While the Act is set to take effect on September 1, 2023, the new business courts will not begin to hear cases until after September 1, 2024. The additional period is designed to give the state time to confirm judges, promulgate rules, and erect the necessary administrative infrastructure. Initially, there will be five judicial divisions that correspond with the state’s population centers in and around Austin (third), Dallas (first), Fort Worth (eighth), Houston (eleventh), and San Antonio (fourth). Two judges will sit in each division. The Texas legislature left open the possibility of funding another six divisions (to correspond with the more rural judicial districts) at the next legislative session.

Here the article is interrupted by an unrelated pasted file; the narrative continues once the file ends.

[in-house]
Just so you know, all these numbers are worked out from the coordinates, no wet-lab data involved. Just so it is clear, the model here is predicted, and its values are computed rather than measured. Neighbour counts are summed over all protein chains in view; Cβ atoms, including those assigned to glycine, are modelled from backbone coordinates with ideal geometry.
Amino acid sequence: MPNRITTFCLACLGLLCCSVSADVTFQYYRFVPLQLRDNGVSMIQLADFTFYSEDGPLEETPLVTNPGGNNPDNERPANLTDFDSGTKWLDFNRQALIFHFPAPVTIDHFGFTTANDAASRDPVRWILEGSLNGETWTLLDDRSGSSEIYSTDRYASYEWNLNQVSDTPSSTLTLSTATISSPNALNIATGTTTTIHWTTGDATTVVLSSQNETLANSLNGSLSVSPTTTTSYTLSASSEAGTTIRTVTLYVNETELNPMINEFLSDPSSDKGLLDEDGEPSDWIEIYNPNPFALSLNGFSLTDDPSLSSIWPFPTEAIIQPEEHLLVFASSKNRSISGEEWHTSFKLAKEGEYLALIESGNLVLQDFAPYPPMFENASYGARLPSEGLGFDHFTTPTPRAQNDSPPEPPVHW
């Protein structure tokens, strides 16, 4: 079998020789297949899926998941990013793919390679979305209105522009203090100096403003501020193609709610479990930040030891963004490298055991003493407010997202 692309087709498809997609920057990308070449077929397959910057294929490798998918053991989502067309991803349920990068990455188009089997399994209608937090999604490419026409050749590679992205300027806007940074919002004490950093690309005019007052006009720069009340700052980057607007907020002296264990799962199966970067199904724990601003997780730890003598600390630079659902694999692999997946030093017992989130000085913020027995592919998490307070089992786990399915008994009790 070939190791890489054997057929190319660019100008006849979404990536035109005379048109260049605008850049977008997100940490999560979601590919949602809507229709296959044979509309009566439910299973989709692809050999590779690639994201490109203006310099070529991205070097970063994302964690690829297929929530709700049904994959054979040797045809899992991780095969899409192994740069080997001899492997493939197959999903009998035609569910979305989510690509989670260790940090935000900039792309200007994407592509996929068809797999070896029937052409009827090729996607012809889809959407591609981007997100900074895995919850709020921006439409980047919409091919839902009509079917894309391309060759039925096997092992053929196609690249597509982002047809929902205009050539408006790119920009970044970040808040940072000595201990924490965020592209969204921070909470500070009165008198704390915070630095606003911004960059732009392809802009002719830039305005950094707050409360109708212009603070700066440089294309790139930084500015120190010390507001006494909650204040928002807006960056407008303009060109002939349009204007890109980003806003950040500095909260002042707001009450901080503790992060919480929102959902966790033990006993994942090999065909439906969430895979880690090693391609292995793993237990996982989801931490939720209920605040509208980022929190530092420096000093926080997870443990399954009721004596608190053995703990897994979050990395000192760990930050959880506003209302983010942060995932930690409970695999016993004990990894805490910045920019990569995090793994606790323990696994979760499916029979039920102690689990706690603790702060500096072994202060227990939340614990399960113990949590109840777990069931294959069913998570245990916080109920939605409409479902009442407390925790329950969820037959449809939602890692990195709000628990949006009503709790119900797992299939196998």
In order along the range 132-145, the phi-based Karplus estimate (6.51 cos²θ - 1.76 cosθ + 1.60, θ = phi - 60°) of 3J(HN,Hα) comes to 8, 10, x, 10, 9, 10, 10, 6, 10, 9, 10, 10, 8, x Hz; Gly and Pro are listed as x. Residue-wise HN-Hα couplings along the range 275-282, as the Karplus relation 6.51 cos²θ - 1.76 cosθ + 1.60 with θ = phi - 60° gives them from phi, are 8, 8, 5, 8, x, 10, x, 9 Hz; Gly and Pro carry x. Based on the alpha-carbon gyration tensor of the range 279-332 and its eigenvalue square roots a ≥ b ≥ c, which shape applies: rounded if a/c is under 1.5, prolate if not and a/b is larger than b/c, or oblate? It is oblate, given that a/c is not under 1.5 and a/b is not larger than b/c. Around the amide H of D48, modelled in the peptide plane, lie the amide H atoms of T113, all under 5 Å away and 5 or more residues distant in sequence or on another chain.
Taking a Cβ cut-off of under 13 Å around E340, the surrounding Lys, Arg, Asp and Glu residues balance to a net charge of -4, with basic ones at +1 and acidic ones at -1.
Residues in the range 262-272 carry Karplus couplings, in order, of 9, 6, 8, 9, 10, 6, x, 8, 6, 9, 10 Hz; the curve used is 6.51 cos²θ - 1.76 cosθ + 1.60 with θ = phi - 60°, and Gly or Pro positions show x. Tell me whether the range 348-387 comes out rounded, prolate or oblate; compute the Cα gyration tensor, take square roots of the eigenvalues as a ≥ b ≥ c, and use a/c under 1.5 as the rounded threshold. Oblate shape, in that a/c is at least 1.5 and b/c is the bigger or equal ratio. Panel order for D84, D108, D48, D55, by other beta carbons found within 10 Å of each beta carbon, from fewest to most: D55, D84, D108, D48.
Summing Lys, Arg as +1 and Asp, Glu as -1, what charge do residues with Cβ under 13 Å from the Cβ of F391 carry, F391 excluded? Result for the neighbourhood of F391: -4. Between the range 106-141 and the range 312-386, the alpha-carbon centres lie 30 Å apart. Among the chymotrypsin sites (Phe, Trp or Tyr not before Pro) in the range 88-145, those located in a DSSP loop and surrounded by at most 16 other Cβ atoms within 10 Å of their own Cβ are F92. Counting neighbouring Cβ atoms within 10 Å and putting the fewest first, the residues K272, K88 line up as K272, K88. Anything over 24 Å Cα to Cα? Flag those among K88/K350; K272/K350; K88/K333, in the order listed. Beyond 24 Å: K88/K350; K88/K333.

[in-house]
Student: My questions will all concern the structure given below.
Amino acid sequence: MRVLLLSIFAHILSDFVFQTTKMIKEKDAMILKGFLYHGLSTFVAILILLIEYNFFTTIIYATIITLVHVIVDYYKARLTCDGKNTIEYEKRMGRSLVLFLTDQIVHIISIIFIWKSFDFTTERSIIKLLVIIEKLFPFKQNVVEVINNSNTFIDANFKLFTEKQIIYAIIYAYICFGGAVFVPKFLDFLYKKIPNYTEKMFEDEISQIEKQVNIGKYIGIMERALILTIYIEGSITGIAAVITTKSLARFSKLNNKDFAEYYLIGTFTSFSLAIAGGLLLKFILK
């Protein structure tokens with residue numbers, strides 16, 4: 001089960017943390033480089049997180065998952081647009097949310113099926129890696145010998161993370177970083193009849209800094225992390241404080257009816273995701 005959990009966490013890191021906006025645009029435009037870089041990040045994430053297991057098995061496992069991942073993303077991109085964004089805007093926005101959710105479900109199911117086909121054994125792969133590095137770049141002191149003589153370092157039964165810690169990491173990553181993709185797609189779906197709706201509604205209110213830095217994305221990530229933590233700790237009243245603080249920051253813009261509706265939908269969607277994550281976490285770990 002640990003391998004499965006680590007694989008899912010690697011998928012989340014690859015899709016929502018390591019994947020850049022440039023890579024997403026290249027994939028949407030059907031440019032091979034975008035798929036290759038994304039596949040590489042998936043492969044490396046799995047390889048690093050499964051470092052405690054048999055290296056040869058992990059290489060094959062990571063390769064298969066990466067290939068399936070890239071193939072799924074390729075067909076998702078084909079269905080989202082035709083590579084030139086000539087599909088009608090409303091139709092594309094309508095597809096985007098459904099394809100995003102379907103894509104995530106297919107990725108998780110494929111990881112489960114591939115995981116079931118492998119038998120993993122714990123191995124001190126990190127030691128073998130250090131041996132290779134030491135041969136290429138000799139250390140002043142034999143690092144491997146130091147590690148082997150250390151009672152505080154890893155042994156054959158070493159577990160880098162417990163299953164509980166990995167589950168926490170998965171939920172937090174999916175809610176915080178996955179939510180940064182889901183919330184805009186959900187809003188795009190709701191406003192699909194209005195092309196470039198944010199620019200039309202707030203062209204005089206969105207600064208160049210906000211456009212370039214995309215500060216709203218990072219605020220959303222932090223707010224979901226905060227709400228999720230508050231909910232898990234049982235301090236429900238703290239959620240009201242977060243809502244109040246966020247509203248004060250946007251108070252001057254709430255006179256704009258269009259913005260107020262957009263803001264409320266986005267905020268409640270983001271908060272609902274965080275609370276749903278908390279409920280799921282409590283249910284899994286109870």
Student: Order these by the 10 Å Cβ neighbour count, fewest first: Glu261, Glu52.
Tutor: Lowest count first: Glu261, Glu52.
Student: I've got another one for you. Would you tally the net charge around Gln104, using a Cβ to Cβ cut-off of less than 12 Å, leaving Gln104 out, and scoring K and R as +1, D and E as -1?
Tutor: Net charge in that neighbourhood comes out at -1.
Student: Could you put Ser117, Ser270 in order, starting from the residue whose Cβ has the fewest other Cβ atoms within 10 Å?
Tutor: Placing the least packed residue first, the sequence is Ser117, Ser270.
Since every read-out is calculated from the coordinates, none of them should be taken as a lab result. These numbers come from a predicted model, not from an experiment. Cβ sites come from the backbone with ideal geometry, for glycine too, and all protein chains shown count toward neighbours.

Unlike other Texas courts, business court judges will be appointed to two-year renewable terms by the governor with the advice and consent of the Texas Senate. To serve, a candidate must be: (1) at least thirty-five years of age; (2) a U.S. citizen; (3) a resident of the division for at least five years; and (4) a licensed attorney with more than 10 years’ experience in a qualified field including corporate transactional work, complex civil business litigation, previous experience as a civil court judge in Texas, or some combination of the three. Moreover, HB 19 confers the newly-created Fifteenth Court of Appeals with exclusive intermediate appellate jurisdiction over the business courts. The Fifteenth Court of Appeals will be comprised of five justices who will hear sensitive matters of statewide importance (e.g., challenges of state law). Initially, the justices will be appointed by the governor, and thereafter, they will be subject to statewide election. As with the creation of the business courts, there are forthcoming legal challenges to the statutory scheme that established the Fifteenth Court of Appeals.